10 Most Dangeorus Cities In Vermont 2024: Where Danger Lurks?

Vermont Dangers

Vermont, the land of Ben & Jerry’s Rocky Road-ish, isn’t just known for its creamy, chunky ice cream. It’s also got its own share of rocky terrains, and we’re not talking about the mountains.

We’re referring to some of its cities that are a bit too adventurous for comfort, with danger levels that could give you more chills than a pint of their famous ice cream.

Are you nestled in one of Vermont’s most perilous cities? If you’re scratching your head, wondering if your hometown made the list, then you might want to take a gander at RoadSnacks’ compilation of the top ten most treacherous places in Vermont for 2024.

And no, we didn’t just pull these names out of a hat. We crunched the numbers, analyzed 22 cities, and pored over the FBI’s latest crime report for every locale with over 5,000 residents.

While Vermont’s overall crime stats are a tad higher than the national average, the figures in these danger zones could definitely use some improvement.

Most Vermonters would proudly declare their little slice of this eastern state as the best. But for those residing in the state’s riskiest areas, life isn’t all maple syrup and fall foliage.

They’re not just spectators to high crime rates, but also grappling with unemployment, meager wages, and a dearth of rehabilitation programs.

This is quite a paradox, considering Vermont’s status as one of the nation’s wealthiest states. Does this mean the state needs to reassess their income and sales tax to better address these issues?

We can’t say for sure, but it seems like the wealth isn’t trickling down as it should, stopping short after Vermont’s more prosperous cities get their share.

Curious about the spots in The Green Mountain State where jobs are as rare as a warm winter day, wages are lower than the valley floors, and crime rates are higher than the mountain peaks? Keep reading, and brace yourself for some rocky revelations.

10 Riskiest Places 2024

City Population (2021) Violent Crime Rate (per 1,000 residents) Property Crime Rate (per 1,000 residents)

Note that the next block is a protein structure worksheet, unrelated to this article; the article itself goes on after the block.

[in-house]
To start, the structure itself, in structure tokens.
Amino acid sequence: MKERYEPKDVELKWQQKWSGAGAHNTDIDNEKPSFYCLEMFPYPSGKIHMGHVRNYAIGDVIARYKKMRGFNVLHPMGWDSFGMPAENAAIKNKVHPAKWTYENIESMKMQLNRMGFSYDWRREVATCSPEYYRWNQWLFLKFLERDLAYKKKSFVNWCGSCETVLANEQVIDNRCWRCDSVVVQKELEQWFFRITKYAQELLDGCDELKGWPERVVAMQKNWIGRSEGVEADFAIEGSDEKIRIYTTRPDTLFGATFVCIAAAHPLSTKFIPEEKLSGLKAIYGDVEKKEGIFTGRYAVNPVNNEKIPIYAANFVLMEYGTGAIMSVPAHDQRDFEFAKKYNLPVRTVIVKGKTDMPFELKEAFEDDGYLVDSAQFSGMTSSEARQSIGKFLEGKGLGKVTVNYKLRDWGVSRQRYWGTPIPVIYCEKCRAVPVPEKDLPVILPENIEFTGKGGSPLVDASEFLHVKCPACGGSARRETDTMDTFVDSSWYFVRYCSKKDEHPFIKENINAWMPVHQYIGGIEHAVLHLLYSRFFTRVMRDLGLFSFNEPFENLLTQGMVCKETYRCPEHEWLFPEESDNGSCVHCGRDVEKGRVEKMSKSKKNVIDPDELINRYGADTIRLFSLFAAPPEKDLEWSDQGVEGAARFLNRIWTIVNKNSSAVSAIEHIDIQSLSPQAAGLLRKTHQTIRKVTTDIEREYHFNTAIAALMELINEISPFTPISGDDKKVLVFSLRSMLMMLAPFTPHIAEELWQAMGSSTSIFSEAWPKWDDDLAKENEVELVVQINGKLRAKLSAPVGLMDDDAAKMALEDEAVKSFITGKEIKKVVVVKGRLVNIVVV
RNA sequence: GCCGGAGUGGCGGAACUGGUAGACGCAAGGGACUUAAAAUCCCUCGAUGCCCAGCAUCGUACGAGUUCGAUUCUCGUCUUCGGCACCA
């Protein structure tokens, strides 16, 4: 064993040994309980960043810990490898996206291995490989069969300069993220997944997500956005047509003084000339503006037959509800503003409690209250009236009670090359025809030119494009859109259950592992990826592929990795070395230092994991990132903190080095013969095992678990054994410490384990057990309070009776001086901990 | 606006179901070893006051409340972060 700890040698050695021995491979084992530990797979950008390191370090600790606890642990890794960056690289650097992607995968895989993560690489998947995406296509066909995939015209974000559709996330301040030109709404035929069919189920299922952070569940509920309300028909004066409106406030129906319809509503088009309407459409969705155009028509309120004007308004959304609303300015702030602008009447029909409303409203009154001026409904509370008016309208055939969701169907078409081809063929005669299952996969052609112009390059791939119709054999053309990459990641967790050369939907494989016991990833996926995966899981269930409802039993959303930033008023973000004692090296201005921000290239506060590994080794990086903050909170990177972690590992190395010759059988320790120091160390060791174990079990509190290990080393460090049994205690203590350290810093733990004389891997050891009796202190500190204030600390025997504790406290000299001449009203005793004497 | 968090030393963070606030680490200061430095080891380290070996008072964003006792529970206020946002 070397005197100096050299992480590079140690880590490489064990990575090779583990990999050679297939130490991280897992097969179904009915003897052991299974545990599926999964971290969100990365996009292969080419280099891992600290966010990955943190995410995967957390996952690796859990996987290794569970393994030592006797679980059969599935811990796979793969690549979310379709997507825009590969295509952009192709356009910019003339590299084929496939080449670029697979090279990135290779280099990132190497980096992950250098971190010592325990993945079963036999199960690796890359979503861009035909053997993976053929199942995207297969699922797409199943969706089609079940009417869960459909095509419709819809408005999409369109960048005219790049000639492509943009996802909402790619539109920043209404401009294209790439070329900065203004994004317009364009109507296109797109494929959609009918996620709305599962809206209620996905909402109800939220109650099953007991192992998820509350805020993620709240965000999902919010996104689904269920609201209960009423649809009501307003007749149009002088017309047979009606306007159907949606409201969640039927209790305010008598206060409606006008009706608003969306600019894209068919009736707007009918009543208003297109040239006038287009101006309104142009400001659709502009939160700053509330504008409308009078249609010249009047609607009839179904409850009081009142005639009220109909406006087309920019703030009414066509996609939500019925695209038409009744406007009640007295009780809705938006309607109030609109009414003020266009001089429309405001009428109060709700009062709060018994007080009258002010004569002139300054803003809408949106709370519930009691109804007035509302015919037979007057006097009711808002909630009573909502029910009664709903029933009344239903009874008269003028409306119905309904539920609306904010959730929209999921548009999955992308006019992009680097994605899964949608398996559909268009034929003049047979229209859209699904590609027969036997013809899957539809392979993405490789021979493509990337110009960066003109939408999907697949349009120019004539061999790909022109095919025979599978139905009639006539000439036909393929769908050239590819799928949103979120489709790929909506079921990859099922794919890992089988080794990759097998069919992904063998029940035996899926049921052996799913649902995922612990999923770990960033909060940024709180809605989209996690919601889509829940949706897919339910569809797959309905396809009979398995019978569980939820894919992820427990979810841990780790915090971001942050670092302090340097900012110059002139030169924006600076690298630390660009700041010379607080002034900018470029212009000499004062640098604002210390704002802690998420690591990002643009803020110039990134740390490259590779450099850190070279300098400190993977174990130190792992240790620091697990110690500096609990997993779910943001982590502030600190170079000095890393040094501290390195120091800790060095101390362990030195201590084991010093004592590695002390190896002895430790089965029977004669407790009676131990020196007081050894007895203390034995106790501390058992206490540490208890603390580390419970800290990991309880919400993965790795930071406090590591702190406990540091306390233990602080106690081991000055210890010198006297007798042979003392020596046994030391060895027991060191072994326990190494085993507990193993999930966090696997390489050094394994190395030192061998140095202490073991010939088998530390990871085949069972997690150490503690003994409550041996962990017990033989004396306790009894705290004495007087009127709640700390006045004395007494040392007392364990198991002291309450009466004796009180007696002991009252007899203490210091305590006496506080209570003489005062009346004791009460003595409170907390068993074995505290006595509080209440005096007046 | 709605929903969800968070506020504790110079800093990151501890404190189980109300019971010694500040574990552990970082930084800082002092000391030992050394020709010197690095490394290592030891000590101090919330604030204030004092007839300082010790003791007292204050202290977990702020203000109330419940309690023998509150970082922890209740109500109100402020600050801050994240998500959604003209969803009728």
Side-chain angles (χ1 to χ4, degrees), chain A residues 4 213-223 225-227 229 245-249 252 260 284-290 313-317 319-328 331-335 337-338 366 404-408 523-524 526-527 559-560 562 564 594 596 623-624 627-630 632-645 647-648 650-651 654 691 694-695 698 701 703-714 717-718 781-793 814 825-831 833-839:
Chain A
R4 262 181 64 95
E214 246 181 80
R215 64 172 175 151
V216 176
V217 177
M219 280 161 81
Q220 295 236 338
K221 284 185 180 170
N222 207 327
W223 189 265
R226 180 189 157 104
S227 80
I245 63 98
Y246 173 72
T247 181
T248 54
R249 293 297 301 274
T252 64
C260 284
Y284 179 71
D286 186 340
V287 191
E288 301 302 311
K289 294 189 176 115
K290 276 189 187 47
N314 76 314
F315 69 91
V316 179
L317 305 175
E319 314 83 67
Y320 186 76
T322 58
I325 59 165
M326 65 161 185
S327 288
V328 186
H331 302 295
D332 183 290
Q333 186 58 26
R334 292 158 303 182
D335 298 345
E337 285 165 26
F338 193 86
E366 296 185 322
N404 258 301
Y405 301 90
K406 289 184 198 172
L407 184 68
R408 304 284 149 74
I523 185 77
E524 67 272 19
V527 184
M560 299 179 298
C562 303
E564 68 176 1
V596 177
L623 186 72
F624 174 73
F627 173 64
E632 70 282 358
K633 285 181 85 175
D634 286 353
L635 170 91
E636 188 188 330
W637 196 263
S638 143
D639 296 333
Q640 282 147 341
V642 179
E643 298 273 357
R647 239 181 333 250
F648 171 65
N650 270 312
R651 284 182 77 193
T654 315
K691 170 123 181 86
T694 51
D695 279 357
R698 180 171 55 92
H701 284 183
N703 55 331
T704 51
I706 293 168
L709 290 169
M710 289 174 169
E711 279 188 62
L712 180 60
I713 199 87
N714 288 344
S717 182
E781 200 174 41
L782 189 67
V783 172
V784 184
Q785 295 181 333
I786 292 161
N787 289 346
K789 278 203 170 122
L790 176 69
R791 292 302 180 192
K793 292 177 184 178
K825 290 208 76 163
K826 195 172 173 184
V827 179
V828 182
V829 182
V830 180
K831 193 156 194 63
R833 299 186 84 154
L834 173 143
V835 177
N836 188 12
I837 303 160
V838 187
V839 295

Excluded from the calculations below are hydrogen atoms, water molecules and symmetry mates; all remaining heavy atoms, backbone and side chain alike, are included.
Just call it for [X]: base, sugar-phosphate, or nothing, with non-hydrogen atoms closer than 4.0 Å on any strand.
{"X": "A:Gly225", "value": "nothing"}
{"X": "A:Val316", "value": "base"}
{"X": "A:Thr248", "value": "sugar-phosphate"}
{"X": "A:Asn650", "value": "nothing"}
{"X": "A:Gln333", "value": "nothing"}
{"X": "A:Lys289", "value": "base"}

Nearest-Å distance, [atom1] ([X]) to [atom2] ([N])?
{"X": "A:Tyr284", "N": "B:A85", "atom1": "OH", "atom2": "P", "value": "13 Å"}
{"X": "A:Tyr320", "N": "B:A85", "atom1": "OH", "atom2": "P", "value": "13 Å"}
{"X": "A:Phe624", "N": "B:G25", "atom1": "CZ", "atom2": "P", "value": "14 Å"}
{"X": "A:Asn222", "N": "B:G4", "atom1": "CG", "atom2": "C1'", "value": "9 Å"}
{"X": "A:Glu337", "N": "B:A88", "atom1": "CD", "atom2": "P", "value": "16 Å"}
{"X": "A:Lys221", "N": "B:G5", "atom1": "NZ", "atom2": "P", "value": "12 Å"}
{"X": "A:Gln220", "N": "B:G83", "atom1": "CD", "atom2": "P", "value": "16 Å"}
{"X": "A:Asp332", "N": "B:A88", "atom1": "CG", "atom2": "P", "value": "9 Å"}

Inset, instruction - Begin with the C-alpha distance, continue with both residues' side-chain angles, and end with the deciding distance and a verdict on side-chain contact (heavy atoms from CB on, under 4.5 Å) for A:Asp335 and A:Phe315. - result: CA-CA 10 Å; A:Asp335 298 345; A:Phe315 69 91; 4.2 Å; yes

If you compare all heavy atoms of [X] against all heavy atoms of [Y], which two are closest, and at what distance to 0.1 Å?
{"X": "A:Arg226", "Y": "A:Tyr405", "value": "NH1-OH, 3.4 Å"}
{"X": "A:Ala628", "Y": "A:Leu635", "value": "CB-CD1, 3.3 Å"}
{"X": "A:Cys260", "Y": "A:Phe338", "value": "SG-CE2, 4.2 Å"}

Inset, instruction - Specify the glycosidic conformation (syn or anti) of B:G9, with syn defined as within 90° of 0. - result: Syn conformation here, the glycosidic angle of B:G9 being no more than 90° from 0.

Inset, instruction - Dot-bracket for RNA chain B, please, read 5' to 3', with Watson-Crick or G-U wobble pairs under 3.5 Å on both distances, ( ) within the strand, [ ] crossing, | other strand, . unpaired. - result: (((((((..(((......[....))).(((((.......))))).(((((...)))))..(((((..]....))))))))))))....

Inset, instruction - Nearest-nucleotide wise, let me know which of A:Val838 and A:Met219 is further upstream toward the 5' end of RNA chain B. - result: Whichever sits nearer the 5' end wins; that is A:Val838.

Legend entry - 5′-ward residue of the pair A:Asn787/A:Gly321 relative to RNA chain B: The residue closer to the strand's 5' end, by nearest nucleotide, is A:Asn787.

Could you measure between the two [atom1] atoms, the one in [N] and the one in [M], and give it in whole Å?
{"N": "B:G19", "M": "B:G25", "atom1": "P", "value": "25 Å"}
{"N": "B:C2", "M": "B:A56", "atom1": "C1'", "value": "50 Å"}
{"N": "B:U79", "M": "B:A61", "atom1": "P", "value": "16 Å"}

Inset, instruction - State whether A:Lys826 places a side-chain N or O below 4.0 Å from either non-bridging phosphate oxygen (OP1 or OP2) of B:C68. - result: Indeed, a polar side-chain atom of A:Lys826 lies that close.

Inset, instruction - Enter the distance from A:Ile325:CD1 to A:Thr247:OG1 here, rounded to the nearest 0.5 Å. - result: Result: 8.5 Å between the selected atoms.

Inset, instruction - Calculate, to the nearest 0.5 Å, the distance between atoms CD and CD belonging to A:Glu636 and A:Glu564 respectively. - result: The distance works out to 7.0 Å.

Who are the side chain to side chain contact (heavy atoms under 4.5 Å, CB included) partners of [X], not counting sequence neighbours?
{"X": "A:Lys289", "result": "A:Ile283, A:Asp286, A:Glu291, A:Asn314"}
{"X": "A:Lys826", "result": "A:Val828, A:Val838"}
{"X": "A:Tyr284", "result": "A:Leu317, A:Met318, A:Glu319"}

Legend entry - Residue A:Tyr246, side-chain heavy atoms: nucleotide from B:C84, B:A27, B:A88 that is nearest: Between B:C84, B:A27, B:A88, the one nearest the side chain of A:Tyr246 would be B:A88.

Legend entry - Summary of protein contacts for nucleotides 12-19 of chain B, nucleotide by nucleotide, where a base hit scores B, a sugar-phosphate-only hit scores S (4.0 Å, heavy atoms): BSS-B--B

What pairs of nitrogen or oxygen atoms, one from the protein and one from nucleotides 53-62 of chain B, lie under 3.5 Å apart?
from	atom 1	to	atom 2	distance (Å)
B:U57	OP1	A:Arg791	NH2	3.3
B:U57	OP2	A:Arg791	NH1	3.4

Barre 8,457 6.74 19.63
St. Albans 6,940 4.90 31.99
Rutland 15,851 4.73 35.39
Winooski 8,330 3.48 24.49
Burlington 44,781 3.44 36.38
St. Johnsbury 7,380 3.25 23.58
Brattleboro 12,215 3.11 39.62
Bennington 15,303 2.48 15.36
South Burlington 20,282 2.12 22.34
Montpelier 8,002 1.50 17.87

1. Barre (Washington County)

  • Population – 8,457 (2021).
  • Violent Crime Rate – 6.74 per 1,000 residents.
  • Property Crime Rate – 19.63 per 1,000 residents.

Home to 8,457 people (as of 2021), Barre, a quaint city nestled in the heart of Vermont near the state capital, Montpelier, is more than just the self-proclaimed ‘Granite Center of the World.’

With a violent crime rate of 6.74 per 1,000 residents and a property crime rate of 19.63 per 1,000 residents, Barre’s crime statistics are as hard as its granite.

The city’s violent crime rate is nearly quadruple the state average and 50% more than the national average. Living in Barre means you’re ten times more likely to fall victim to crime (per square mile) than anywhere else in the state.

2. St. Albans (Franklin County)

St Albans Vermont

  • Population – 6,940 (2021).
  • Violent Crime Rate – 4.90 per 1,000 residents.
  • Property Crime Rate – 31.99 per 1,000 residents.

St. Albans, a small town in northern Vermont that kisses the edge of Lake Champlain’s St. Albans Bay, is home to 6,940 people (2021). About 38% of the town is covered by water, but it’s not just the lake that’s deep here.